6. Hi Wiktor. I like your planking. You are taking time and when you think it could be better, you are correcting it (eg the stealers at the bow). The planking is hard to get right. It is made easier by double planking but it it still hard. Pictures of the actual ship help immensely. There are lots out there and a few of us have some we can provide as well. I also agree with you regarding the planking colour and the suggested painting in the Instruction manual. I MUCH prefer to see the stained product which you are using, as it shows the wood grain and the beauty of the timber. It is
  7. A request from site users: Once an image has been uploaded, how can you rotate it? I have loaded some images which appear correctly oriented on my computer, but when displayed on the page being edited, the import rotates the picture 90 degrees. Can you rotate an image? Regards, Peter G.
  8. Many thanks Maarten. I look forward to your getting back to me. Happy travels... Within the Billing Boat kits, there are the required blocks for the rigging. In preparation for doing the rigging, I thought I would check these, especially as I have seen a number of builders purchase third-party blocks to improve the rigging appearance on their models. In the kit there are: - 180 Single block 5mm - 20 Double block 5mm - 14 Single block 7mm - 13 Double block 7mm Total of 227 blocks. In addition, there are some blocks which are like 'heart' blocks or multiple strand block
  9. I am at the stage where I am preparing for masts and rigging. I am doing a bit of background research and reviewing the Billing rigging plans and those issued by Vasamuseet (many thanks to David Teel who provided me with these!!). I have also been examining the PDF build instructions for the De Agostini Vasa. While this is not my build kit, it does offer some ideas on the way forward in the rigging. For example, once the masts are available, the Build Instructions for PDF No. 12 provides information on setting out the rigging attachments of the foremast, main mast and mizzen where inboard brac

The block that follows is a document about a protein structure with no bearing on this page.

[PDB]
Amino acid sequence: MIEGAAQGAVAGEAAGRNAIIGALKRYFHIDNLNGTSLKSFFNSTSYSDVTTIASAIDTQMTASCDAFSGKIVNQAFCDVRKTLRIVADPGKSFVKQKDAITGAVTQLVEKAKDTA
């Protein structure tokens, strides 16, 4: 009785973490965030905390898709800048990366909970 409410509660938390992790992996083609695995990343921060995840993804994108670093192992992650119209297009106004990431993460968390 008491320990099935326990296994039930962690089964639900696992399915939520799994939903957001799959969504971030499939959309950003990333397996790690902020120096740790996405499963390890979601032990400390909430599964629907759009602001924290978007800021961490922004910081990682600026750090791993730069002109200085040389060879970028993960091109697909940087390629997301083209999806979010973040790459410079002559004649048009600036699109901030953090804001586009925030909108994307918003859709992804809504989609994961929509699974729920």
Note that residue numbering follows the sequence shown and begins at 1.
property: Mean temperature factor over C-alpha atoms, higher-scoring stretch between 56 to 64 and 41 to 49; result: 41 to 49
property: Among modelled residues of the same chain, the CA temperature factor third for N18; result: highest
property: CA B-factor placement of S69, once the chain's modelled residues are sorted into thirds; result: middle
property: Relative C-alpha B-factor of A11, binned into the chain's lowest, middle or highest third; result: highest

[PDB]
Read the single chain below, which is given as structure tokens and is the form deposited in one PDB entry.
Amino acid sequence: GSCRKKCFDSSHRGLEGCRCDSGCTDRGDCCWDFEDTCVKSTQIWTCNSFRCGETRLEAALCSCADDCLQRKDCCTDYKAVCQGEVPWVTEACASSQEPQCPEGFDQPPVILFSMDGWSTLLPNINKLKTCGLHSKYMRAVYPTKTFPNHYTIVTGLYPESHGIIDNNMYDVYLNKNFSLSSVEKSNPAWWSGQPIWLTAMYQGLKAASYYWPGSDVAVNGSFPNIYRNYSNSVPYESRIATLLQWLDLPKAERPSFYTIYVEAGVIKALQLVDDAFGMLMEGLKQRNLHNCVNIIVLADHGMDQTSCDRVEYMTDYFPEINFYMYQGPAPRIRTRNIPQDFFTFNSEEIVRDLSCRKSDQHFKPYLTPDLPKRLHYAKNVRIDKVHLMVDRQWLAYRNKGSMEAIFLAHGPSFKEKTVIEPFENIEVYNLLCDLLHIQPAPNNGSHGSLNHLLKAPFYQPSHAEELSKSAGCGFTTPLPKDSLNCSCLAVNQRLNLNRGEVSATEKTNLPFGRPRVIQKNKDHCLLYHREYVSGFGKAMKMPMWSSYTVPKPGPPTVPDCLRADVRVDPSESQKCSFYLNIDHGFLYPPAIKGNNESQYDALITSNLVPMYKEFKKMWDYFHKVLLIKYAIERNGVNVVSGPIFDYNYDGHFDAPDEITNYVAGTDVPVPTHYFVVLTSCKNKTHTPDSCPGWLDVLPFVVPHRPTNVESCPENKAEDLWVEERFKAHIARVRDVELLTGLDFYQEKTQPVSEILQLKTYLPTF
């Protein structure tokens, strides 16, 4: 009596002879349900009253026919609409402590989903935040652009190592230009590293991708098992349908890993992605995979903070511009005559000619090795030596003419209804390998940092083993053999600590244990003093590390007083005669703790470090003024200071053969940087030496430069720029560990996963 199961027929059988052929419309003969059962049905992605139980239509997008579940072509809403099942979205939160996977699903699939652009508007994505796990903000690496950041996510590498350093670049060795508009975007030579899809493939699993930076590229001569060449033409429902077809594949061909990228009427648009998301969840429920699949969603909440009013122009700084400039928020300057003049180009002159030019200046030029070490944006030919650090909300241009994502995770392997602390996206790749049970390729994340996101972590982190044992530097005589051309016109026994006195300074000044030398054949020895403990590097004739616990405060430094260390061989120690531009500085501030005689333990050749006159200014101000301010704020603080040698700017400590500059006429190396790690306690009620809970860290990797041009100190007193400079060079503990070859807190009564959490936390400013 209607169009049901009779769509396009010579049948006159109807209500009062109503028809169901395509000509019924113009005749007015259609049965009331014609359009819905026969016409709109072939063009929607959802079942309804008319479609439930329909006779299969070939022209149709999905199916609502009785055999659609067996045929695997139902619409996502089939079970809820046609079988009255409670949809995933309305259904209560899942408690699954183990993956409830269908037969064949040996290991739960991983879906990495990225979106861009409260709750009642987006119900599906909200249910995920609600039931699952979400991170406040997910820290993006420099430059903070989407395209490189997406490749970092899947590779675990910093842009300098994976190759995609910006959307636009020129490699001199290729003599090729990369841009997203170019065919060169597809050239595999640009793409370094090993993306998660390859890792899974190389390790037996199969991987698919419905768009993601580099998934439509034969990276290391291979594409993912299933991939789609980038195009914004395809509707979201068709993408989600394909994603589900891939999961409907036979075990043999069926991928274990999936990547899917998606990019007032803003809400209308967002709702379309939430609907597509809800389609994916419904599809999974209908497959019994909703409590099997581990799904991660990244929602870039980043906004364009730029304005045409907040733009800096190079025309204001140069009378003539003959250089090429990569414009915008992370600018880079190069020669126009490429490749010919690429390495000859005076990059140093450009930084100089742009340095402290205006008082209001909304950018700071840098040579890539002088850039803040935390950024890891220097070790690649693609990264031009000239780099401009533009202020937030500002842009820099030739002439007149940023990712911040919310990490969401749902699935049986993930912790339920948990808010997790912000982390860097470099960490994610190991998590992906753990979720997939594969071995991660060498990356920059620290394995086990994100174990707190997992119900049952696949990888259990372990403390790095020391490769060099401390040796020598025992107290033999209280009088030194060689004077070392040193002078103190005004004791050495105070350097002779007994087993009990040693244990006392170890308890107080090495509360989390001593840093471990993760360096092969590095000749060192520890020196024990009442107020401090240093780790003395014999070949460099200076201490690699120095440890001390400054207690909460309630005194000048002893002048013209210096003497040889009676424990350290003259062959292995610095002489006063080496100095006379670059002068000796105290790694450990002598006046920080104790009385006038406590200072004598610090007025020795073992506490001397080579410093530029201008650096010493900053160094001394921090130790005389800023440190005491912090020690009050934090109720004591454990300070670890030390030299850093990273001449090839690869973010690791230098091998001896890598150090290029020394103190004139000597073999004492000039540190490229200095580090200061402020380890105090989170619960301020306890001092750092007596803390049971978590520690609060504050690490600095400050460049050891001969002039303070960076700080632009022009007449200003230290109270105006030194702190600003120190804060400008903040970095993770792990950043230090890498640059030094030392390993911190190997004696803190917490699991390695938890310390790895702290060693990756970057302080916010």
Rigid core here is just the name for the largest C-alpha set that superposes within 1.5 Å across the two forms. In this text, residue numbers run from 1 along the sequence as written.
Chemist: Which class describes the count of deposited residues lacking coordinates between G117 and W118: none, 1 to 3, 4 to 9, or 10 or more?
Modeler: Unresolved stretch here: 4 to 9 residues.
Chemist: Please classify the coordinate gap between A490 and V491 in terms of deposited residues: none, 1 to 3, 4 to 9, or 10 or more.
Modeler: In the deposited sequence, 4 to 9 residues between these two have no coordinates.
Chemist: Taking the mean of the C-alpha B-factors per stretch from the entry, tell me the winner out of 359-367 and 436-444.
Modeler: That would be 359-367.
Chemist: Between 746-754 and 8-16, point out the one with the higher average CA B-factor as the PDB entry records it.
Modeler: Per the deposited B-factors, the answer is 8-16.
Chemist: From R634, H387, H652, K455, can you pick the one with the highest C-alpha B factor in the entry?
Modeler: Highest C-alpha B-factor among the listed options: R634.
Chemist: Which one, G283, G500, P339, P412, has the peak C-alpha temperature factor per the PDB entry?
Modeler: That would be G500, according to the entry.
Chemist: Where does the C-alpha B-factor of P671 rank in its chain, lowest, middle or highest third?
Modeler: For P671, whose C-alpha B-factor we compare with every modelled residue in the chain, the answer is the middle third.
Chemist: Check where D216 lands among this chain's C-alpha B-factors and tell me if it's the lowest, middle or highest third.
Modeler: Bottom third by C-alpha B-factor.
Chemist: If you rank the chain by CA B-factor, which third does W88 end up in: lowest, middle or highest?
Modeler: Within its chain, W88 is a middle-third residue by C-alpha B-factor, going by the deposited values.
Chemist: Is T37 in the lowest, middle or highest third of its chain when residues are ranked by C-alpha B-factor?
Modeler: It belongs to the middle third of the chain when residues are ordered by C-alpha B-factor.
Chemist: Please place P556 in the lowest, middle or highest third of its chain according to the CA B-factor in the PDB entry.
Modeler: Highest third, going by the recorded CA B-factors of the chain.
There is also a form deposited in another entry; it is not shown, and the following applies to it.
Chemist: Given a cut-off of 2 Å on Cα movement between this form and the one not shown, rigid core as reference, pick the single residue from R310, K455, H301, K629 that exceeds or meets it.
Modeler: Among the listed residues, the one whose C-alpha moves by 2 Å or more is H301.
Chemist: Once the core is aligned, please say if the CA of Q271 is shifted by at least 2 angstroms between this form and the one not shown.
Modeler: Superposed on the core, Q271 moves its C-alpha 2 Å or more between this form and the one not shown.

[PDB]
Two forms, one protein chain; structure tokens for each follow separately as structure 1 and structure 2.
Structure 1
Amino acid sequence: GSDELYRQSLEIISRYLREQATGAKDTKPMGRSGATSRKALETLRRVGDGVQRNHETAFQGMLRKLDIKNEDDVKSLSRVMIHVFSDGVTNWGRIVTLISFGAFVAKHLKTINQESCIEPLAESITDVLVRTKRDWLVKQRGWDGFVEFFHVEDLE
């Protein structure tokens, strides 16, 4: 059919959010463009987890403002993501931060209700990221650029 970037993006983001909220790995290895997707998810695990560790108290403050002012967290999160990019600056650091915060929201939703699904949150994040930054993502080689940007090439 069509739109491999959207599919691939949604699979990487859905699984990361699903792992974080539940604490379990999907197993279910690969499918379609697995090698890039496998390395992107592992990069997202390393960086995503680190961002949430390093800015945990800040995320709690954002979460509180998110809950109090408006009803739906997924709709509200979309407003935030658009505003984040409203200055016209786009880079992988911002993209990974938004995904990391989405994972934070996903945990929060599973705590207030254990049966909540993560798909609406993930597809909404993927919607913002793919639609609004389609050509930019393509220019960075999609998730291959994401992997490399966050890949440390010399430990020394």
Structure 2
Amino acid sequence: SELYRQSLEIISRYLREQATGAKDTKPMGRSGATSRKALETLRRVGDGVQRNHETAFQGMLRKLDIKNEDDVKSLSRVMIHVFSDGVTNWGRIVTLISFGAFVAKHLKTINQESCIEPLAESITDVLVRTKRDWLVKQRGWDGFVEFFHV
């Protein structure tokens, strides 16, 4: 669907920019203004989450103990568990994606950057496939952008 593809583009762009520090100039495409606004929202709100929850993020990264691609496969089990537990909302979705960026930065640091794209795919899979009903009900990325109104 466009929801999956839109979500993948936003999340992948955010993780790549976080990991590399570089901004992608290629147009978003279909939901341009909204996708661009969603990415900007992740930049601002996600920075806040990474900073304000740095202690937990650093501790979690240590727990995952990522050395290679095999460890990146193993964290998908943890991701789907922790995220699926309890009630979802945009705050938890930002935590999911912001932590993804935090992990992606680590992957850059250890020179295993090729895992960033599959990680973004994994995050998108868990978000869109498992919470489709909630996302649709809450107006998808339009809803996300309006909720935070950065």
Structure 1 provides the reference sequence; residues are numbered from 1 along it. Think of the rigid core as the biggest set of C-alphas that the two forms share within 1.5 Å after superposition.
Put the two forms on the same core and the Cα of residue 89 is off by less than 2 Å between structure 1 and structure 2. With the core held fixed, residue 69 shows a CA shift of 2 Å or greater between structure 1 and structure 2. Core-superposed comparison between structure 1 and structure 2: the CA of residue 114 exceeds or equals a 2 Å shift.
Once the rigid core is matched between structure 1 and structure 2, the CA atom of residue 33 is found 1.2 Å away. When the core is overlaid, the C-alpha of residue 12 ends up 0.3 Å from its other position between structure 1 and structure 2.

10. A couple of additional topside jobs before getting to the rigging (is there an end to these jobs???), I need to add the anchor poles to the bow, plus I need to make the capstan. The anchor pole(s) I noticed from other builds, is usually only an anchor pole (singular). The topsides have two square holes on each side of the bow railings for these poles, but usually only one pole was deployed. They are removable and can be put on either side of the ship depending on the side that anchoring was to be used. The pole extends from near the centreline of the ship and is secured by some rop